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PhanDad

Briggs/Kohler Drive Shaft C/L Height

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PhanDad
Was looking at the A/C 712H today and noticed that the frame appears to be lowered where the Kohler K301S sits compared to my GHTL and Homelite frames. The Homelite T-12 came with a single cylinder Briggs and the GTHL frame is ready for the Kohler KT17 twin or single cylinder Briggs. I was thinking about keeping the Kohler K301S as a spare and get rid of my spare 10 HP Briggs. I know I'd have to drill a hole in the bottom of the frame for the Kohler oil drain plug, but now I think the drive shaft C/L height is different for the two engines. Can anyone confirm?

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HubbardRA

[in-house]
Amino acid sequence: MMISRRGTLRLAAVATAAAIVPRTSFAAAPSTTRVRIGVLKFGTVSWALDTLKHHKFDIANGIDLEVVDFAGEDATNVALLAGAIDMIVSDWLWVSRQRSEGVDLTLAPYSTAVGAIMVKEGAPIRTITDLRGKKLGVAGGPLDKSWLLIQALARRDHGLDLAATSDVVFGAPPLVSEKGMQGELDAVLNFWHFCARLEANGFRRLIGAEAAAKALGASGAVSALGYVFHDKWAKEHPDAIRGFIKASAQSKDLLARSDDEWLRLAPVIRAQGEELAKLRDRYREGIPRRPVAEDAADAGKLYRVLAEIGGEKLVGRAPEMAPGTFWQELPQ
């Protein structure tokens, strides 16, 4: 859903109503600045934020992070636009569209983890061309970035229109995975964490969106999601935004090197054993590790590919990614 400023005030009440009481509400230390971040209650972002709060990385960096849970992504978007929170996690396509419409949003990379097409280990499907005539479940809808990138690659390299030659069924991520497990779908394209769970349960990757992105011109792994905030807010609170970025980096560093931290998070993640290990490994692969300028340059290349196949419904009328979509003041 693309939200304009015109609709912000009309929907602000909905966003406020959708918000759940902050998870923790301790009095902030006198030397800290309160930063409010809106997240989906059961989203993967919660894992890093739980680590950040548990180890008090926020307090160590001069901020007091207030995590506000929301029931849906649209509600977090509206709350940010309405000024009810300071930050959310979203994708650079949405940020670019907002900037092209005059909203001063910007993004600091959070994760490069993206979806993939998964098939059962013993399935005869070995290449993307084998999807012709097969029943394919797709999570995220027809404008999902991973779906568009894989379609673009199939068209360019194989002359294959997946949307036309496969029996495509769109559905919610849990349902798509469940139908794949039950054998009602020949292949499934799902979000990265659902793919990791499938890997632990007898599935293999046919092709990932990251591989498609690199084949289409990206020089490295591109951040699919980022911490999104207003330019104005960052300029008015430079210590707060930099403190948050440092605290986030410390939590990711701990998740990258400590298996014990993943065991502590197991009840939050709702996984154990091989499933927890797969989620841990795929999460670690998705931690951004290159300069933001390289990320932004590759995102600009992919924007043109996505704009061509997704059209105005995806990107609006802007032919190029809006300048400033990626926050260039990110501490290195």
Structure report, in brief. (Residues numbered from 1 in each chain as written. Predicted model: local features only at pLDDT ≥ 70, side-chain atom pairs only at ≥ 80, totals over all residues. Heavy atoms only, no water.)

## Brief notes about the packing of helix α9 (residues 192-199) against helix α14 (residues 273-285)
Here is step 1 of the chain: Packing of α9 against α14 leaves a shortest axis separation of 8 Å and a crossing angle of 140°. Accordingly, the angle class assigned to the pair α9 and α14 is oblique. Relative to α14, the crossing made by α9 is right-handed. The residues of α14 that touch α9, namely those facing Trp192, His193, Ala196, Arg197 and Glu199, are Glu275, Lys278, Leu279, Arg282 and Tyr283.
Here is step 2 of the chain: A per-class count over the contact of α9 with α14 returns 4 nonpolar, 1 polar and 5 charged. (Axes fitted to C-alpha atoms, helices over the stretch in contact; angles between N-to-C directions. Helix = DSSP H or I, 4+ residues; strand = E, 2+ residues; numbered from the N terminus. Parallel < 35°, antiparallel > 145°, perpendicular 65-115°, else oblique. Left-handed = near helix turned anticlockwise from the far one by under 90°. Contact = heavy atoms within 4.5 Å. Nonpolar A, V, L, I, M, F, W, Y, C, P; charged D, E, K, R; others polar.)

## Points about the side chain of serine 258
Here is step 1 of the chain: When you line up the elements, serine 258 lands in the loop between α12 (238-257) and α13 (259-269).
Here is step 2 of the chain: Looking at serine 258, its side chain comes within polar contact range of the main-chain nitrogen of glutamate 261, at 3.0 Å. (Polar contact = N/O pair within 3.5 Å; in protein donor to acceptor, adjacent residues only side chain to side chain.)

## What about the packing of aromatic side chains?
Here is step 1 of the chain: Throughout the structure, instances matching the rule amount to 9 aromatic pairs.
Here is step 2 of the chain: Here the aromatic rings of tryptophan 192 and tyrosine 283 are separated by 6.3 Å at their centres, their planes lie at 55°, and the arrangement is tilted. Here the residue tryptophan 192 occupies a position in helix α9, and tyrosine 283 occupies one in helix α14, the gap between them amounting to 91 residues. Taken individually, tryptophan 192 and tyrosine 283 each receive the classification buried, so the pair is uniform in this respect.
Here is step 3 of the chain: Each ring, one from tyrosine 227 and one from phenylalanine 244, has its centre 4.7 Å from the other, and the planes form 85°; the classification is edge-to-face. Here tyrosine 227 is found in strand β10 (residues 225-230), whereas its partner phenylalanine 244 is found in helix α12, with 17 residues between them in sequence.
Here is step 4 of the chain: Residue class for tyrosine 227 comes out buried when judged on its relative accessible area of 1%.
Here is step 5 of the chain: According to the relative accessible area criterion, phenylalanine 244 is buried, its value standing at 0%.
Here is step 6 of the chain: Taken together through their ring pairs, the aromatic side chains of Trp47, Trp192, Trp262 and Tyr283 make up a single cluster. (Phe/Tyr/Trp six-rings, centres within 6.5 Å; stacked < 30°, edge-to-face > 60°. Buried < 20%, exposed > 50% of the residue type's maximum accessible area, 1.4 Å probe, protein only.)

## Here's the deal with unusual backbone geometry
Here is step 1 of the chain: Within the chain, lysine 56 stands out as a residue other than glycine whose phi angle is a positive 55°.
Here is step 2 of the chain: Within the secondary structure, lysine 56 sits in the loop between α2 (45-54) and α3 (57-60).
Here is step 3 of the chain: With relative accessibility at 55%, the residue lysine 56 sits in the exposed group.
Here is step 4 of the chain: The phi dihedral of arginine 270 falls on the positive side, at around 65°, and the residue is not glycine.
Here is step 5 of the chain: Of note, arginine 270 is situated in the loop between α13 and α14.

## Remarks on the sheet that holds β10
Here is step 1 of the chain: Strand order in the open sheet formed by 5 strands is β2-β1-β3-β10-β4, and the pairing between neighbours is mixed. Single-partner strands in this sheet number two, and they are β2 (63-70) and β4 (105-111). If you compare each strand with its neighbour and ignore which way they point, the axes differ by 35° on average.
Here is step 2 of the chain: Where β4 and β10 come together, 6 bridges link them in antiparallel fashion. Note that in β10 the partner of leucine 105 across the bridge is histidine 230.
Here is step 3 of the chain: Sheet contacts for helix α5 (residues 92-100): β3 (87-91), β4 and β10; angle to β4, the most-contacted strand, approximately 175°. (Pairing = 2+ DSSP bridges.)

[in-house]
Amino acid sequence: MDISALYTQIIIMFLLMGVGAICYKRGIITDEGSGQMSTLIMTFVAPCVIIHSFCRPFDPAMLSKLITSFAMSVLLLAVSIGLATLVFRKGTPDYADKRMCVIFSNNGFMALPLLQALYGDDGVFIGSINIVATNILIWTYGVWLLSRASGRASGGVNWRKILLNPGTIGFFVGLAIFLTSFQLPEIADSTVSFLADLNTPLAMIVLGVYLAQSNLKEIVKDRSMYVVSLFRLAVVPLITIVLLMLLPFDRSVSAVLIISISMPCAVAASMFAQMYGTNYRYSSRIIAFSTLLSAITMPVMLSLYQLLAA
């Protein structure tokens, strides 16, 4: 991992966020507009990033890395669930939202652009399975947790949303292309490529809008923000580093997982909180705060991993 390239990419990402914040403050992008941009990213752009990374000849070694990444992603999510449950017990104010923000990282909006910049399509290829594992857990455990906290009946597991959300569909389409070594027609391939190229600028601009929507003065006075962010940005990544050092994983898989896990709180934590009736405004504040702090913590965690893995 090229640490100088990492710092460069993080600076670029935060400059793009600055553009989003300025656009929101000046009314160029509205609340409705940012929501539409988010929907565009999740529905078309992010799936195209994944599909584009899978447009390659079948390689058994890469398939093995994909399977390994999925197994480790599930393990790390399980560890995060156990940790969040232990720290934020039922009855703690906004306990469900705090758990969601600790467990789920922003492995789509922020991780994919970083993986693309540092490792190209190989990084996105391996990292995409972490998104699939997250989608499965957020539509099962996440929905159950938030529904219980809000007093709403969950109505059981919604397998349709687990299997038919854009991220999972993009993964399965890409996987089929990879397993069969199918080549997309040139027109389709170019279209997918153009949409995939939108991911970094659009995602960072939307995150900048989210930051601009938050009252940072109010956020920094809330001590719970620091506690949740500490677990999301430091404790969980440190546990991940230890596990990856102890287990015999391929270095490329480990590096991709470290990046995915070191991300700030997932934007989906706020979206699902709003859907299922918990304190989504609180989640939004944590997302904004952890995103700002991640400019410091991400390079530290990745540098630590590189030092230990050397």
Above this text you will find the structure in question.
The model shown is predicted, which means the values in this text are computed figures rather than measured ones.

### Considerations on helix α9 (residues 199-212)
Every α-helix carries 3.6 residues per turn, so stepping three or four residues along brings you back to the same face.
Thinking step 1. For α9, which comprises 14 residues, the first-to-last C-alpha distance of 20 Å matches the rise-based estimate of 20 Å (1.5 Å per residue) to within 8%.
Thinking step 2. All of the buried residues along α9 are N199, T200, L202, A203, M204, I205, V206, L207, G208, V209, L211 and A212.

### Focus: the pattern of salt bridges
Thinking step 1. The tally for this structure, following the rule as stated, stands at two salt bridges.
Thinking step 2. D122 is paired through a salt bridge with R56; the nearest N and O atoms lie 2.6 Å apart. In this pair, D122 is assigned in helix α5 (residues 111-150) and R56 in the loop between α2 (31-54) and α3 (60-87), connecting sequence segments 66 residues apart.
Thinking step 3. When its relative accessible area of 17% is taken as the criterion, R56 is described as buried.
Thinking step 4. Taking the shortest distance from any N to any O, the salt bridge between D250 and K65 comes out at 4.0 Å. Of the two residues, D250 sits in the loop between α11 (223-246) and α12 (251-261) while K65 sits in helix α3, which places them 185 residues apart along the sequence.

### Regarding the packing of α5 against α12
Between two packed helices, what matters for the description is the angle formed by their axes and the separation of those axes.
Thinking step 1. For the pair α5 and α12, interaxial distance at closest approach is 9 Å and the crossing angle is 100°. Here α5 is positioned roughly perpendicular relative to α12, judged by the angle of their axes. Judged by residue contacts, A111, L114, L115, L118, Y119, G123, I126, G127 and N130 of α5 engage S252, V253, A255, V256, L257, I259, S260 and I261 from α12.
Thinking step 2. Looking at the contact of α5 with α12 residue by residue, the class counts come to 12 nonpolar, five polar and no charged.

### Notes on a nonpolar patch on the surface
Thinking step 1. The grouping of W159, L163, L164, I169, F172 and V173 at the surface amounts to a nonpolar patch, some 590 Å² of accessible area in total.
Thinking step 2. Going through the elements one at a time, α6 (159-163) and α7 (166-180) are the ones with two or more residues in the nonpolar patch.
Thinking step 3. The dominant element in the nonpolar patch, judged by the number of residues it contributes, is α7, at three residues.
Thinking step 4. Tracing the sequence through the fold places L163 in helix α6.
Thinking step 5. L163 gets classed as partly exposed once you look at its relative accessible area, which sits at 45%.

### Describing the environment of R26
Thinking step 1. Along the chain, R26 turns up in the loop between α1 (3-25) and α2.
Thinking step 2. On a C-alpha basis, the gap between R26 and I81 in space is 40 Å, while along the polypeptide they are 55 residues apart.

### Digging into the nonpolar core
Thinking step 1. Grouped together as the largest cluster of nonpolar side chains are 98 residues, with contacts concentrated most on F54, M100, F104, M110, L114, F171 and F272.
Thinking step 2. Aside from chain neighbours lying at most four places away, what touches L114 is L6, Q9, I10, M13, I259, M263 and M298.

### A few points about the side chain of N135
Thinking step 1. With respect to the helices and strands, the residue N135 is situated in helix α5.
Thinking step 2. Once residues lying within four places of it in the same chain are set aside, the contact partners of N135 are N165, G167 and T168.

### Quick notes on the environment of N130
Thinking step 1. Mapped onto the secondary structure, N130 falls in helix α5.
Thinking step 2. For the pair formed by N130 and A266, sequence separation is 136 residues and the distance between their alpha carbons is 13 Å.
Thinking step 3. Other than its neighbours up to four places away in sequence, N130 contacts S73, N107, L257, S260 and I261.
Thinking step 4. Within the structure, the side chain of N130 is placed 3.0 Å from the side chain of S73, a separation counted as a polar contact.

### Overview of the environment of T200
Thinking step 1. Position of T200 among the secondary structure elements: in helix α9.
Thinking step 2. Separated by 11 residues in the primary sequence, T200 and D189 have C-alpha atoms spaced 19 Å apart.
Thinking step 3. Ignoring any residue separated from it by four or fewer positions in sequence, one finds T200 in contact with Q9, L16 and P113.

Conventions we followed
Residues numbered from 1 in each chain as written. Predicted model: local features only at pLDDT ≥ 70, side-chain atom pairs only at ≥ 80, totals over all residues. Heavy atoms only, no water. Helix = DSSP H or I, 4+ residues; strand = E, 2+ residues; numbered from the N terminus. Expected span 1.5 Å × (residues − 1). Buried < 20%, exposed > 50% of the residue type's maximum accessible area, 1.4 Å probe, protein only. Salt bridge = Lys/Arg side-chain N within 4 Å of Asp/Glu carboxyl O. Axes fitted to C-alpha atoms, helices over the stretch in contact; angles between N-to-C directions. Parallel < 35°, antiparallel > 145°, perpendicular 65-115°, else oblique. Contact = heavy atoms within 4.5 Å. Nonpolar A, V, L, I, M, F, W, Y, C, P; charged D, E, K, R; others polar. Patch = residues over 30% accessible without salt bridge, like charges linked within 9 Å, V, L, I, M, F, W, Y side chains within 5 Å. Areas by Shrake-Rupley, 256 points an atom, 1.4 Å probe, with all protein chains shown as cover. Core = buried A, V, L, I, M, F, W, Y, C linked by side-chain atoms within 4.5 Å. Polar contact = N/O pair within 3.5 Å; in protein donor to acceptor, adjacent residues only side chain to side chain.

Bill, I have interchanged B/S and Kohler engines on my tractors several times. In fact, of the three that I now have running, all have swapped engines. 716H came with Kohler, now has B/S. 61 Wards came with B/S, now has Kohler. 713S came with Kohler, now has B/S. You are correct that an additional hole for oil drain must be drilled in the frame. Crankshaft centerlines do vary somewhat between engines. With the flex couplings you can have a height variation of at least an inch with no operational problems. Been there, done that. That is about the difference between a 7 Hp B/S that came on the 61 Wards (Simp 700) and the 14 Hp Kohler that is now on it. Over twenty years of tractor pulling and other uses, proves this to work. My two 700 series ACs, my 7100 Simp, and my Homelite T13 frames all mount the engine in the same position relative to the BGB. Even the old Wards runs basically the same driveshaft alignment. They ran the driveshaft straight from the crankshaft to the BGB from the factory with only slight angle variations due to manufacturing tolerances. Several of us have swapped engines and have proven that the flex disks can take up to at least 6 degrees of angle (one inch increase in crankshaft height) without problems. As the angle increases, the fatigue loading on the disks increases, and the life span of the disks will decrease. Straight is best, then there is very little fatigue on the disks. The disks can easily handle the loading. It is the flexing under heavy loads (due to large angles) that will reduce the life of a flexdisk. By-the-way, I have never had a flexdisk failure, of any type.

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